De Blasio’s speed limit in the hands of his ‘friend’ Skelos

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Dean Skelos. (AP Photo/Mike Groll)
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ALBANY—Dean Skelos could hardly hide his smirk as he threw cold water on a bill to let New York City lower its speed limit to 25 m.p.h., an authorization Mayor Bill de Blasio needs to implement the Vision Zero program to prevent traffic deaths.

“I don't know if it will be on the floor,” Skelos told reporters after a press conference. “That's one of the things that we will be discussing. I know how important it is to Mayor de Blasio and he's certainly one of my best friends.”

Unlike Michael Bloomberg, who was Skelos' most generous political benefactor, de Blasio has publicly committed to ousting Republicans from their perch in the state Senate leadership.

The fact that the speed limit bill is carried by Bronx senator Jeff Klein, the Republican-allied leader of the Independent Democratic Conference, doesn't seem to matter. Klein, in a statement, said the bill remains one of his “top priorities,” but his fellow Democrats in the Assembly are not convinced he can bring it to the floor. They are prepared to advance a measure sponsored by Assemblyman Danny O'Donnell instead. (Both bills have the necessary formal backing of city officials.)

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Skelos' sudden reluctance is one of many ripples through this legislative session emanating from the Working Families Party's political convention last month, when Governor Andrew Cuomo promised to help oust Republicans—he called them “ultracons”—in a deal de Blasio helped broker.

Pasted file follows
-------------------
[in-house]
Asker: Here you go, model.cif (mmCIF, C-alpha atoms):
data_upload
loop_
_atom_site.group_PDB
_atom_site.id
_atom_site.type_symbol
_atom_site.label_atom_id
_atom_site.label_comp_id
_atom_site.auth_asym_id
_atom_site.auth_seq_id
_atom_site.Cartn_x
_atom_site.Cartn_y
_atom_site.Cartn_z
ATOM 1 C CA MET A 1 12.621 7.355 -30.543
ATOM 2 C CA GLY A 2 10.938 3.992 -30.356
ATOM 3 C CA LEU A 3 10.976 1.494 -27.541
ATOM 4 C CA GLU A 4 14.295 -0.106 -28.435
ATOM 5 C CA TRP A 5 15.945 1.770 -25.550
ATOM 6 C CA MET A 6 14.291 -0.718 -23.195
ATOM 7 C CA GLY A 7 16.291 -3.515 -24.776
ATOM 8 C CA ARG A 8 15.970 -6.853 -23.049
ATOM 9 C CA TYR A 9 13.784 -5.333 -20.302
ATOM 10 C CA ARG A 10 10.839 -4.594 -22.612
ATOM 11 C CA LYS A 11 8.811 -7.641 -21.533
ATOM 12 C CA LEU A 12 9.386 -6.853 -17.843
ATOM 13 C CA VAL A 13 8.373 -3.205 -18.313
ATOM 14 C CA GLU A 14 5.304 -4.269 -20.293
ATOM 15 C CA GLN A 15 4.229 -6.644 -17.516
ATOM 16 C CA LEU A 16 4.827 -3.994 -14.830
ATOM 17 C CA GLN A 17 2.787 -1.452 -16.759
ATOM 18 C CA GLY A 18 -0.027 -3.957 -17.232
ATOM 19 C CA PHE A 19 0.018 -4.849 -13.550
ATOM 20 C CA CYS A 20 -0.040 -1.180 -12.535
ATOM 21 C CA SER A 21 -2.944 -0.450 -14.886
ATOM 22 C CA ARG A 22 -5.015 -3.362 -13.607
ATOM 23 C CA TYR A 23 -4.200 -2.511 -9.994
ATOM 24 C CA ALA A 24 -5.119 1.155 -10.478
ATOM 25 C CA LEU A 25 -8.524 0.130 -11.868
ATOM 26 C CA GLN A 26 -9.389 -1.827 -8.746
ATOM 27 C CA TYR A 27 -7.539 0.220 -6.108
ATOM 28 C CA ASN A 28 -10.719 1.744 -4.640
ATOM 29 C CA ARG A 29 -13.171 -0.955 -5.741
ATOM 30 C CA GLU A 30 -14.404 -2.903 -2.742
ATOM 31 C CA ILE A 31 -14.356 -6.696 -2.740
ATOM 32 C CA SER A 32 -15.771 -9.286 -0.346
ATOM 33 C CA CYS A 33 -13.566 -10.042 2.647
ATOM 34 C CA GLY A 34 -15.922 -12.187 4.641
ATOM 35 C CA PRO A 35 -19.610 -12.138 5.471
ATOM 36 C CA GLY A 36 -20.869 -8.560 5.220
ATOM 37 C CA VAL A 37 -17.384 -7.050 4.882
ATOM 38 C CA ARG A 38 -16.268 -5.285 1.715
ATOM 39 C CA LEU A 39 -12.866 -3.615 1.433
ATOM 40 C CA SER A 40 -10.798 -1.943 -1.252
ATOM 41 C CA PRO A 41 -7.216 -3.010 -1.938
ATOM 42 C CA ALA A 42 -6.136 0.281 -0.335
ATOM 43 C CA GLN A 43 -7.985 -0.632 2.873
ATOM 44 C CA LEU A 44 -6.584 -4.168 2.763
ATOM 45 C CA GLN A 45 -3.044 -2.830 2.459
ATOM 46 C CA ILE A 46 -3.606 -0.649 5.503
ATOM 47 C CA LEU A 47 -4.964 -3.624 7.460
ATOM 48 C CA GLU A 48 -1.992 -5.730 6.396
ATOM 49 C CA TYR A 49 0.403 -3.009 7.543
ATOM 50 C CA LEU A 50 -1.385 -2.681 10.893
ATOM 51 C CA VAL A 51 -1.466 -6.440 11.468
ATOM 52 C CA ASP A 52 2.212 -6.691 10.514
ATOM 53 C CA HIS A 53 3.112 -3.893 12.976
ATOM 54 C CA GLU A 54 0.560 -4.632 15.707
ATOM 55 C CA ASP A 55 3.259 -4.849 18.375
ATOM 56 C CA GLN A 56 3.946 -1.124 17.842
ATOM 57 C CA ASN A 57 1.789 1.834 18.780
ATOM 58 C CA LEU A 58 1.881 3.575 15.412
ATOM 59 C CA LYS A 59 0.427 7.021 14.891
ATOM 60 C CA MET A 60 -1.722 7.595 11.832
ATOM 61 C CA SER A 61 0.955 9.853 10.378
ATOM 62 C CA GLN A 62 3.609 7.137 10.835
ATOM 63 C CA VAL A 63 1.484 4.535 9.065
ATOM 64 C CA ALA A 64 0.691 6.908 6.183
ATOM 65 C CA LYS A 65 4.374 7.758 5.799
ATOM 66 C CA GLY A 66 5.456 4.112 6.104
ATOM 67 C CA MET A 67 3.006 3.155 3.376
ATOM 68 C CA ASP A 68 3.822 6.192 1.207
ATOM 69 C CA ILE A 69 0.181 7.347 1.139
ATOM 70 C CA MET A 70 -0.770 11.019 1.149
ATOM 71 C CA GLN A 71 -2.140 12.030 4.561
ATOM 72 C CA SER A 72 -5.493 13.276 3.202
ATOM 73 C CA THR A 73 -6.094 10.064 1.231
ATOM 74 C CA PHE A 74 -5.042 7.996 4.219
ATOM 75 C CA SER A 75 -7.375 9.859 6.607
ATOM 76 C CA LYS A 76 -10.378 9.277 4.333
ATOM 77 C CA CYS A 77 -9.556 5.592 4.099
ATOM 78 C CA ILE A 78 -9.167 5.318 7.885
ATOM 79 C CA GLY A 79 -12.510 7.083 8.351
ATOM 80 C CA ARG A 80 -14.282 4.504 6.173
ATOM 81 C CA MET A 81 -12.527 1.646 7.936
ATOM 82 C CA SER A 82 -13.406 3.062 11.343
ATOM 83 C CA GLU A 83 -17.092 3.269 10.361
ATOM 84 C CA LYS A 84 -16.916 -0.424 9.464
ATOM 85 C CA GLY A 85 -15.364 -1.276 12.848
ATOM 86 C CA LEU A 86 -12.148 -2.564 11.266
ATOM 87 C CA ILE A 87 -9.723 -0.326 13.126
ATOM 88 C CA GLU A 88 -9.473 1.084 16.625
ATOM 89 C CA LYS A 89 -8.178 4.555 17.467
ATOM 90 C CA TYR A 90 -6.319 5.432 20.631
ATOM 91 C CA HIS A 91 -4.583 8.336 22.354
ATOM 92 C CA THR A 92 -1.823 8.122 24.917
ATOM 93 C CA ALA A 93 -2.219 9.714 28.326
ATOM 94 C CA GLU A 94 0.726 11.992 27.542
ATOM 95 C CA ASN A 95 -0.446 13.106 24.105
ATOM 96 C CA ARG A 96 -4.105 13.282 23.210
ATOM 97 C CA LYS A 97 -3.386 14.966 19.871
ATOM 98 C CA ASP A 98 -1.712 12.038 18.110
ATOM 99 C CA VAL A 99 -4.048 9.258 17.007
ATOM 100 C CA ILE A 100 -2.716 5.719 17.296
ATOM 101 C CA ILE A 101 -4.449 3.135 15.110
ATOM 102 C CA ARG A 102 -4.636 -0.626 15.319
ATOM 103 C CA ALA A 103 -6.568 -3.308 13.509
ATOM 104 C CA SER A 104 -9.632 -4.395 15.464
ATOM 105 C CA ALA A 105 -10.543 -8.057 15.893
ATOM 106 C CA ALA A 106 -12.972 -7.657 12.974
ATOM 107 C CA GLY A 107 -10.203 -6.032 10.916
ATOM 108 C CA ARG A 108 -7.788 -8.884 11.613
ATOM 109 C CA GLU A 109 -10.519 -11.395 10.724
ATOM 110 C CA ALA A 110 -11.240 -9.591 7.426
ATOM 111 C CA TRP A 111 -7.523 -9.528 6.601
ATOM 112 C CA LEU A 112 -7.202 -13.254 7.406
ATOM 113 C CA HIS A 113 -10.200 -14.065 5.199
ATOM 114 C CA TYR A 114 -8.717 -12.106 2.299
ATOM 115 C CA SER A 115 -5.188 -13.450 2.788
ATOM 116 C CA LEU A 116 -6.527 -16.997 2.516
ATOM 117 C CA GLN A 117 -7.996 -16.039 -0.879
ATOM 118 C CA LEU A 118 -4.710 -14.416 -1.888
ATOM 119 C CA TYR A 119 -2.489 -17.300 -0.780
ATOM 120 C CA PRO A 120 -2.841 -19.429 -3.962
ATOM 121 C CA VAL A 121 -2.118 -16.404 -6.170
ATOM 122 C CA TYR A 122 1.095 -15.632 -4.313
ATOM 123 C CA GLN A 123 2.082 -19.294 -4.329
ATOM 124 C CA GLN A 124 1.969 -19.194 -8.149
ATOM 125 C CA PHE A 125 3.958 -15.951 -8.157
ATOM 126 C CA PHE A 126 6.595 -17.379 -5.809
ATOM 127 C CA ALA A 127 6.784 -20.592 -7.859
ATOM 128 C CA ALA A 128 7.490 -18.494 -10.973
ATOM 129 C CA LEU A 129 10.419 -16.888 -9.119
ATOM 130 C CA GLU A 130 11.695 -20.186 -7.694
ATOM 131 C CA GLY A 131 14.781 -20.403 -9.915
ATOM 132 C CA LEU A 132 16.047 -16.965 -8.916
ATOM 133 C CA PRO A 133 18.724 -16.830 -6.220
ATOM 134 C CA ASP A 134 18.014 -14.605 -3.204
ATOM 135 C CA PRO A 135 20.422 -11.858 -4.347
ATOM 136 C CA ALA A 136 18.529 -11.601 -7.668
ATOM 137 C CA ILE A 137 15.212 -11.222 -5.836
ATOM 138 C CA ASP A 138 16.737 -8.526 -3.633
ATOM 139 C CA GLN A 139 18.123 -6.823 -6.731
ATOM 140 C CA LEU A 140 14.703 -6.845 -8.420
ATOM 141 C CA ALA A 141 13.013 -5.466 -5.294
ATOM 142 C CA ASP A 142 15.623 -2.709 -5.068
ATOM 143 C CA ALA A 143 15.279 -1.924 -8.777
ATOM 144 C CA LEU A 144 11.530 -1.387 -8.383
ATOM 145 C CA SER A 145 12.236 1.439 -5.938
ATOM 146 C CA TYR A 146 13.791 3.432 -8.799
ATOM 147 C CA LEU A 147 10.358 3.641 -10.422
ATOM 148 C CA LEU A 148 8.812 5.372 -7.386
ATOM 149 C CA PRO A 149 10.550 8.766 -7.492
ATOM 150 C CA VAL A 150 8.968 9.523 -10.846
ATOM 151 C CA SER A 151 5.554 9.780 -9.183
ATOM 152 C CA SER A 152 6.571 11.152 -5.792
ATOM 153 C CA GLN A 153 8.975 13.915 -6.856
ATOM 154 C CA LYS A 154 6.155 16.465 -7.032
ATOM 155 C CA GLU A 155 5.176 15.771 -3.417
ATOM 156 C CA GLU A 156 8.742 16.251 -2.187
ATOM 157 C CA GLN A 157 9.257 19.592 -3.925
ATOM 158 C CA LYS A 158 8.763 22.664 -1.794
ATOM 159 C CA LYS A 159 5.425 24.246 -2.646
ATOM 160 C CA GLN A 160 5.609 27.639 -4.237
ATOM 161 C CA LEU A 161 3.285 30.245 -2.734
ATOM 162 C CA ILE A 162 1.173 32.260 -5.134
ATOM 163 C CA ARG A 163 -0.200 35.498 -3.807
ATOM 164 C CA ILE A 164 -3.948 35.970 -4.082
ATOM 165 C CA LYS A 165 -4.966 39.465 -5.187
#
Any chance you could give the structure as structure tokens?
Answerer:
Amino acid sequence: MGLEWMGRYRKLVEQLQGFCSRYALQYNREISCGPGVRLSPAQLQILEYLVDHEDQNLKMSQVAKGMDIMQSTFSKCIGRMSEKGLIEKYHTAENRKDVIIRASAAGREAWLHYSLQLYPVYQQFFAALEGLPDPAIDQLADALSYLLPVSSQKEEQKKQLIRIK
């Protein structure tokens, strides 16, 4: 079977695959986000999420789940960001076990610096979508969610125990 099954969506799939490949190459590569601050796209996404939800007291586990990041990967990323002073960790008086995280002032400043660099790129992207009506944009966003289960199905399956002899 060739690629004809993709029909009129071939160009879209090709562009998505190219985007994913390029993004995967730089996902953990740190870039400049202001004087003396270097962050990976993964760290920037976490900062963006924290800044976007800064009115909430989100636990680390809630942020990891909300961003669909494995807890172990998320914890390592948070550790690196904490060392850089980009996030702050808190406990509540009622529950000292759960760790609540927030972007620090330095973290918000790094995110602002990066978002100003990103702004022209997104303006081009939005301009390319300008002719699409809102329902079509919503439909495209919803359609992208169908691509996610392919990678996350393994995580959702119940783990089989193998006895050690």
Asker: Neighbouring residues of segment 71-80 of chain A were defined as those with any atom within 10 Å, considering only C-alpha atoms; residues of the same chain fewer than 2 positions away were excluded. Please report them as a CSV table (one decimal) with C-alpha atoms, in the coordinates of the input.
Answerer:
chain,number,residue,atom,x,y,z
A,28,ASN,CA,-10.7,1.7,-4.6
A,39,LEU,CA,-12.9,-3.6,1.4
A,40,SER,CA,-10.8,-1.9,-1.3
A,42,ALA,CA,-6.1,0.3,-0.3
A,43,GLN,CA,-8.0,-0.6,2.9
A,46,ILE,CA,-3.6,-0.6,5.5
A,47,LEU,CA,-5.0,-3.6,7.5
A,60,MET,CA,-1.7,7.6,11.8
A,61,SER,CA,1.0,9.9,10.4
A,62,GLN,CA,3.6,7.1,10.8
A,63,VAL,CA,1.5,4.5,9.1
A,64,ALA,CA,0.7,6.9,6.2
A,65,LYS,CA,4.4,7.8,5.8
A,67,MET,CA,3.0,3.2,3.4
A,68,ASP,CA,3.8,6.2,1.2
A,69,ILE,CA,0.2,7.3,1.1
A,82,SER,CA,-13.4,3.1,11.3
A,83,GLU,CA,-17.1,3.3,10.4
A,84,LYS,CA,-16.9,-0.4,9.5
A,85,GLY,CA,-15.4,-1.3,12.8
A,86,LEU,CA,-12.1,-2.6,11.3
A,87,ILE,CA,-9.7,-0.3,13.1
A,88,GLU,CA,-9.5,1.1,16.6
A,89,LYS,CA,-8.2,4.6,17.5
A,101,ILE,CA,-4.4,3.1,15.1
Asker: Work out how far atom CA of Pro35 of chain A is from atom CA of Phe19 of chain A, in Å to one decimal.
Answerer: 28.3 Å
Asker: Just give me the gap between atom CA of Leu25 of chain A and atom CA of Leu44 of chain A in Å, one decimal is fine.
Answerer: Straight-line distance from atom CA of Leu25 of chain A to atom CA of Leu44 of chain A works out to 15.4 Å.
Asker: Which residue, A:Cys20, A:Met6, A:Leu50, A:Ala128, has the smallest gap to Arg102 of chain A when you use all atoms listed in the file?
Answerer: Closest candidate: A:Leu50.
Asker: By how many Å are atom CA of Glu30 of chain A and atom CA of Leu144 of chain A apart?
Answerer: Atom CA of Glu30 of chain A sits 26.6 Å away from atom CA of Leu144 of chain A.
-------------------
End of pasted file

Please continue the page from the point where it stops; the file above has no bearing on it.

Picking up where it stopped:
Cuomo has since walked back his rhetoric, though it basically scuttled hopes that Cuomo's major end-of-session priorities, like a system of public campaign finance.

De Blasio, though, has held firm, and agreed to headline a fund-raiser for Senate Democrats next month.

Paul Steely White, executive director of the group Transportation Alternatives, said Skelos' comments “seem to speak to the transactional nature of Albany politics” that he hoped the speed limit will would “transcend.”

“We're confident it will pass,” said White. “People upstate, downstate and on both sides of the aisle understand that speeding is the biggest killer on our streets and we need a lower speed limit for the densest pedestrian city in our country.”

Skelos, for his part, hardly denied his motives. He turned away from reporters after the sarcastic comment about his friendship, but not after Capital asked whether politics were influencing his decision.

“Noooo....” he replied.